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Korean J Aerosp Environ Med. 2004 Mar;14(1):1-11. Korean. Original Article.
Kim DW , Lee SI , Lee S , Ahn HC , Koo SR , Kim C .
Department of Anesthesiology and Pain Medicine, College of Medicine, Hanyang University, Seoul, Korea.
Department of Rehabilitation, School of Medicine, Eulji University, Daejeon, Korea.
Department of Internal Medicine, School of Medicine, Eulji University, Daejeon, Korea.
Department of Physiology and Biophysics, School of Medicine, Eulji University, Daejeon, Korea.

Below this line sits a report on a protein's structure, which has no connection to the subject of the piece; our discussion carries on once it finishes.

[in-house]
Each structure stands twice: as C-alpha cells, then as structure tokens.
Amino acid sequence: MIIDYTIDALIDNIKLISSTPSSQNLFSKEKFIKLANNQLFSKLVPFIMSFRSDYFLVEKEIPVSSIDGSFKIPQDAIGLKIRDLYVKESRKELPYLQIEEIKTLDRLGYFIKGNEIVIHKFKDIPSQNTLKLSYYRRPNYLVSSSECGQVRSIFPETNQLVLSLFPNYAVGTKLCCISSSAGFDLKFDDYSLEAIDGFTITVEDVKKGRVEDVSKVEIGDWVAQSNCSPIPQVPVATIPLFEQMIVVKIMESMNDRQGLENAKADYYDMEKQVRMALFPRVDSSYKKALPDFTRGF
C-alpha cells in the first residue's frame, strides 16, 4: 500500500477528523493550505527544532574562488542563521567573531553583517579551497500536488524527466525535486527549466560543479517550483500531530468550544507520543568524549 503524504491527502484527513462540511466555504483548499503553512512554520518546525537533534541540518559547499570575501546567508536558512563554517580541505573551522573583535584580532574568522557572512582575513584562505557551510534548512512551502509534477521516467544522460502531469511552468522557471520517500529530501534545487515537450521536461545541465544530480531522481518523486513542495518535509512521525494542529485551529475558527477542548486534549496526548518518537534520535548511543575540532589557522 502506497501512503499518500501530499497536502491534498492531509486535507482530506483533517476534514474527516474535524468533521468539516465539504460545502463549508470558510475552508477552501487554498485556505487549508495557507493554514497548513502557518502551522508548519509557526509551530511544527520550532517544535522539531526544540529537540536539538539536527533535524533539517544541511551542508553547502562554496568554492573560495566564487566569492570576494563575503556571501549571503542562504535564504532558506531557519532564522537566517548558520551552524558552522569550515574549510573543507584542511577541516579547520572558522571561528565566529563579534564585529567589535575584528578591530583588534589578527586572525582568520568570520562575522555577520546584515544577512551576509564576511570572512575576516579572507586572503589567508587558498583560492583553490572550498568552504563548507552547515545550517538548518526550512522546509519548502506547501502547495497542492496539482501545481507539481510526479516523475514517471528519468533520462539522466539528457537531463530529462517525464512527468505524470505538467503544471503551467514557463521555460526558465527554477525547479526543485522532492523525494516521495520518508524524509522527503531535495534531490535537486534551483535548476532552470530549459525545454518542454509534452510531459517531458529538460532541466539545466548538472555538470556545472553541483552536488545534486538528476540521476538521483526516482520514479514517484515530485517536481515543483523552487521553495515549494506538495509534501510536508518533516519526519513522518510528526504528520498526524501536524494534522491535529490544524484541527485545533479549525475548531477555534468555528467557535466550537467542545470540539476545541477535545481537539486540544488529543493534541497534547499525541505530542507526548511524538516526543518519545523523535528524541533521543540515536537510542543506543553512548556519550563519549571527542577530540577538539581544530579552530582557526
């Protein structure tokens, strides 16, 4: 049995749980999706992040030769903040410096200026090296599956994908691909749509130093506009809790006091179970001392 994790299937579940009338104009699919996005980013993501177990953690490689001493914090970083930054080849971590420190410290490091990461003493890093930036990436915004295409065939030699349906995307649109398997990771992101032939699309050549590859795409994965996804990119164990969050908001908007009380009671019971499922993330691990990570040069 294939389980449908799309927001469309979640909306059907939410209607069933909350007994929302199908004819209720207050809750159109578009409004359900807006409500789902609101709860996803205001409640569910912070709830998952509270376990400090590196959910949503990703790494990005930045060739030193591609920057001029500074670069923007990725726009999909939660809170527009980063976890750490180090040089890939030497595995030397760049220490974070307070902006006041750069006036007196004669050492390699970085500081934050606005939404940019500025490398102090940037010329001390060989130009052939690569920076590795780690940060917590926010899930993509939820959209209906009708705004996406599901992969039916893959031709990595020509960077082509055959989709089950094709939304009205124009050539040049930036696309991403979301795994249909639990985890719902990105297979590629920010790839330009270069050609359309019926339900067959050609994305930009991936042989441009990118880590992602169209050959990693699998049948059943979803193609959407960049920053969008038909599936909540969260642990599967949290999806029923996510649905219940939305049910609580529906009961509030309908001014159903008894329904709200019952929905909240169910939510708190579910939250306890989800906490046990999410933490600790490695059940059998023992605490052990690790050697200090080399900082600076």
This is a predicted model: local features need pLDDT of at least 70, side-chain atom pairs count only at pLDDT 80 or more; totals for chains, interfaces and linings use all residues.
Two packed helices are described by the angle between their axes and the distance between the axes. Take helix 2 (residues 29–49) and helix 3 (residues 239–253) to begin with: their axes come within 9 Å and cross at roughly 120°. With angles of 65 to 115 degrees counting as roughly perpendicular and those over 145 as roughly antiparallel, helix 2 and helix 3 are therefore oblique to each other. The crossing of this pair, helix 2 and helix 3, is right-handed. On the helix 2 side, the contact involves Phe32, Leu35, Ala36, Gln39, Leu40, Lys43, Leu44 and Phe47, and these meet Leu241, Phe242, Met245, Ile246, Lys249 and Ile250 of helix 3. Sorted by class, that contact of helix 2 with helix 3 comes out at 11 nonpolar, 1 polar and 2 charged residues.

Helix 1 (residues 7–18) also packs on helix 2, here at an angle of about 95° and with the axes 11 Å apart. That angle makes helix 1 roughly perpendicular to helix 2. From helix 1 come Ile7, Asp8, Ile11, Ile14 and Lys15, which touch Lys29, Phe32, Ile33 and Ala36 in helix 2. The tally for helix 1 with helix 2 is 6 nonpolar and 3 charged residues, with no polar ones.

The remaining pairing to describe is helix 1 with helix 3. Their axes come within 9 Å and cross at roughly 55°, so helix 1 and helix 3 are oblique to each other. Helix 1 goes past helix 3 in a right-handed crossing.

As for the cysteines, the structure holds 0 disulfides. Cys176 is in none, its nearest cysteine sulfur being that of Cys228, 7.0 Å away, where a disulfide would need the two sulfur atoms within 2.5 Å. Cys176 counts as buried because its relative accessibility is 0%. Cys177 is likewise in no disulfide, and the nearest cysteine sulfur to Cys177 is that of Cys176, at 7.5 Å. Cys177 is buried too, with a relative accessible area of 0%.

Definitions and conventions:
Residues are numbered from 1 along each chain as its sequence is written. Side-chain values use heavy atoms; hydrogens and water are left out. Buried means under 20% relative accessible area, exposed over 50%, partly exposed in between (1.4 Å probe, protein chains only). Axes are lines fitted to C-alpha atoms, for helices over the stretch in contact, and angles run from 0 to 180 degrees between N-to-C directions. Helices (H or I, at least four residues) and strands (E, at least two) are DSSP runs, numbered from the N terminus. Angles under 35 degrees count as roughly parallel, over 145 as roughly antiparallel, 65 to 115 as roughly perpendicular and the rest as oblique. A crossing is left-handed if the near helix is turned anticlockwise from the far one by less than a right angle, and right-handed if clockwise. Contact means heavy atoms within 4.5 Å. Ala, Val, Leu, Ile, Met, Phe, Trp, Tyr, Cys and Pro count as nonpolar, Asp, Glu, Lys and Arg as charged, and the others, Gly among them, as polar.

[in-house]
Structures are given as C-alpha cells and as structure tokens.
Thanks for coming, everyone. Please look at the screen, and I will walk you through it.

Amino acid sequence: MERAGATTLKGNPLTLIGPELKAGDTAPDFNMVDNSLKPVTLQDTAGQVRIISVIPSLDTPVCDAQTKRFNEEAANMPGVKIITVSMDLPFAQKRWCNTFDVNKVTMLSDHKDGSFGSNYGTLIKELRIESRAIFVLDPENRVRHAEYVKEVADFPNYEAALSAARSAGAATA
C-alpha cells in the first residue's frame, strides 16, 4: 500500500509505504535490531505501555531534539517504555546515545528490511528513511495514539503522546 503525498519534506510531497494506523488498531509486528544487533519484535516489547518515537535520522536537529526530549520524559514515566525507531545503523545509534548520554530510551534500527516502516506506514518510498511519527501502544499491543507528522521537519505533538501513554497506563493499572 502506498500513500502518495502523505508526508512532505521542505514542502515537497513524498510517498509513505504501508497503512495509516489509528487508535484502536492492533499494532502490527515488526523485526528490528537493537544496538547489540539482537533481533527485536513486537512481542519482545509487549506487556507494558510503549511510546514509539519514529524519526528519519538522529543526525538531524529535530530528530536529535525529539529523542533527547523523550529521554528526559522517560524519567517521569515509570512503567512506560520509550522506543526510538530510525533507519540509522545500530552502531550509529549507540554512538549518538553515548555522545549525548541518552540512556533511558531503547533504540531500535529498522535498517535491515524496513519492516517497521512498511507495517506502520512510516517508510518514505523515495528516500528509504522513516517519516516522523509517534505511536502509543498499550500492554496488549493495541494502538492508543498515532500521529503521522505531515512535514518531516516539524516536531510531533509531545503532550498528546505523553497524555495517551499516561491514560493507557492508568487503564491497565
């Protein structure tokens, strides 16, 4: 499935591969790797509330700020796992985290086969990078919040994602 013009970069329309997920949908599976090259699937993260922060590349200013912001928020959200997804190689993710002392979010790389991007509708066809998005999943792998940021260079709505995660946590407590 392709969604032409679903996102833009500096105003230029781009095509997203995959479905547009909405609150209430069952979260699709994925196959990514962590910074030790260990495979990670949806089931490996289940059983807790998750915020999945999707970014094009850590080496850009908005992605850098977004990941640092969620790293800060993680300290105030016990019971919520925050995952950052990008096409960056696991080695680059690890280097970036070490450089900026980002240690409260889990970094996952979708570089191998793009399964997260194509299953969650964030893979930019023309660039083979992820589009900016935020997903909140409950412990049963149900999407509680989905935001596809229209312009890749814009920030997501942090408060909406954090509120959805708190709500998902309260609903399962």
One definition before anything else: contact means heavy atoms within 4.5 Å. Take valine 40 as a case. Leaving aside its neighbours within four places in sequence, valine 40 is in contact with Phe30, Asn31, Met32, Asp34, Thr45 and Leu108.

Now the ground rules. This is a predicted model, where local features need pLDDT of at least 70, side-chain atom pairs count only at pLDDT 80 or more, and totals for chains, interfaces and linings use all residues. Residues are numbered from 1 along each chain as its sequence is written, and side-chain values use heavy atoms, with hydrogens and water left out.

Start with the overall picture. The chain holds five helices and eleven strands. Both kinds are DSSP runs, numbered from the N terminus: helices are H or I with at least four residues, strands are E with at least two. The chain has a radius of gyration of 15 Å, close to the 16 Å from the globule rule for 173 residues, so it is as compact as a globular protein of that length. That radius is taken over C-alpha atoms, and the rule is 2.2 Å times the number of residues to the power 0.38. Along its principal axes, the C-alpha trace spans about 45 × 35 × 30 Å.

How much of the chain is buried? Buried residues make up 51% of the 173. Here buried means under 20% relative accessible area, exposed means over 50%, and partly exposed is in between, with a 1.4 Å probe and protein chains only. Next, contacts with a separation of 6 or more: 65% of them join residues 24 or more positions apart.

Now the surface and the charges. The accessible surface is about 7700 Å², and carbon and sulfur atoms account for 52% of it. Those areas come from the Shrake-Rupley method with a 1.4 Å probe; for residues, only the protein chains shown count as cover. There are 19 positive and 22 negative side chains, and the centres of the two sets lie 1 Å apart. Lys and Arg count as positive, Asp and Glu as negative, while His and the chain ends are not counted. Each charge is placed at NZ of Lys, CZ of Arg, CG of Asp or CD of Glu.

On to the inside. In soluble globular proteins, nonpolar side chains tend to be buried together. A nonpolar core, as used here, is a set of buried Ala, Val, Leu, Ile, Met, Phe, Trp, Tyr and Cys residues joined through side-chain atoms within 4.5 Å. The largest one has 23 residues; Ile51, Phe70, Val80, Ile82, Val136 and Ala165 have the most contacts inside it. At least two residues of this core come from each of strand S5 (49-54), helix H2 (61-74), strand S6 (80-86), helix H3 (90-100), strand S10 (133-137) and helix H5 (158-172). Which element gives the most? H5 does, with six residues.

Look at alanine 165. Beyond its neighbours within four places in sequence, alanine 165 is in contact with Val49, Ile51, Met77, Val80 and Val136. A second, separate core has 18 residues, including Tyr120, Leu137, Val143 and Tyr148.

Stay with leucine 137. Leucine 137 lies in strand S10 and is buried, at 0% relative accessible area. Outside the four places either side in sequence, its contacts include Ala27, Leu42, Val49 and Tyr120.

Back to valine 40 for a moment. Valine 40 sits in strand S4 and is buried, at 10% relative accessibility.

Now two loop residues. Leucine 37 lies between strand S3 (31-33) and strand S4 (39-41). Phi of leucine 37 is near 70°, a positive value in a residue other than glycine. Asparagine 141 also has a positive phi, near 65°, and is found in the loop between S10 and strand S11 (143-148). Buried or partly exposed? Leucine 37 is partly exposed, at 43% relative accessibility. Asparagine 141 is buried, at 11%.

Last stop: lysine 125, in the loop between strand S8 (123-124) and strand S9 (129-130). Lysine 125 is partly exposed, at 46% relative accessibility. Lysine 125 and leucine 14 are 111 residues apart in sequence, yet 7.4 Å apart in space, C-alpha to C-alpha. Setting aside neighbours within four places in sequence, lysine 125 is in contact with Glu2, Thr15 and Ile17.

Of all the aeromedical treats to flying safety, G-induced loss of consciousness (G-LOC) must be one of the most important. The present study is undertaken to acquire the physiological normative data (including lifestyle and physical fitness) of KAF pilots and to investigate the factors that will be related with G-LOC. From 15 May through 27 Nov 2000, 464 KAF pilots underwent high G training and flight performance tests at the Aeromedical Research and Training Center are checked CBC, total cholesterol, PFT, physical fitness battery tests-muscular strength, muscular endurance, power, and flexibility. High G training and 2 kinds (before and after the G-training) of questionnaire were tried. Pilot's attitude for health promotion was relatively passive and the proportions as of high and borderline risk for atherosclerosis in total cholesterol level were 4.98% and 22.1%, respectively. 17.6% of the pilots had G-LOC and three quarters of them fell into G-LOC within the first 5 seconds. Variables showing significant correlation (p<0.05) with G-LOC were as follows; height, age, total flying time, and high G-training times. Trunk extension had positive correlation and curls ups had negative correlation, but the reasons are needed more following study. Also, the judgments of pilots and a supervisor in skillfulness of L1 maneuver were significant with G-LOC.

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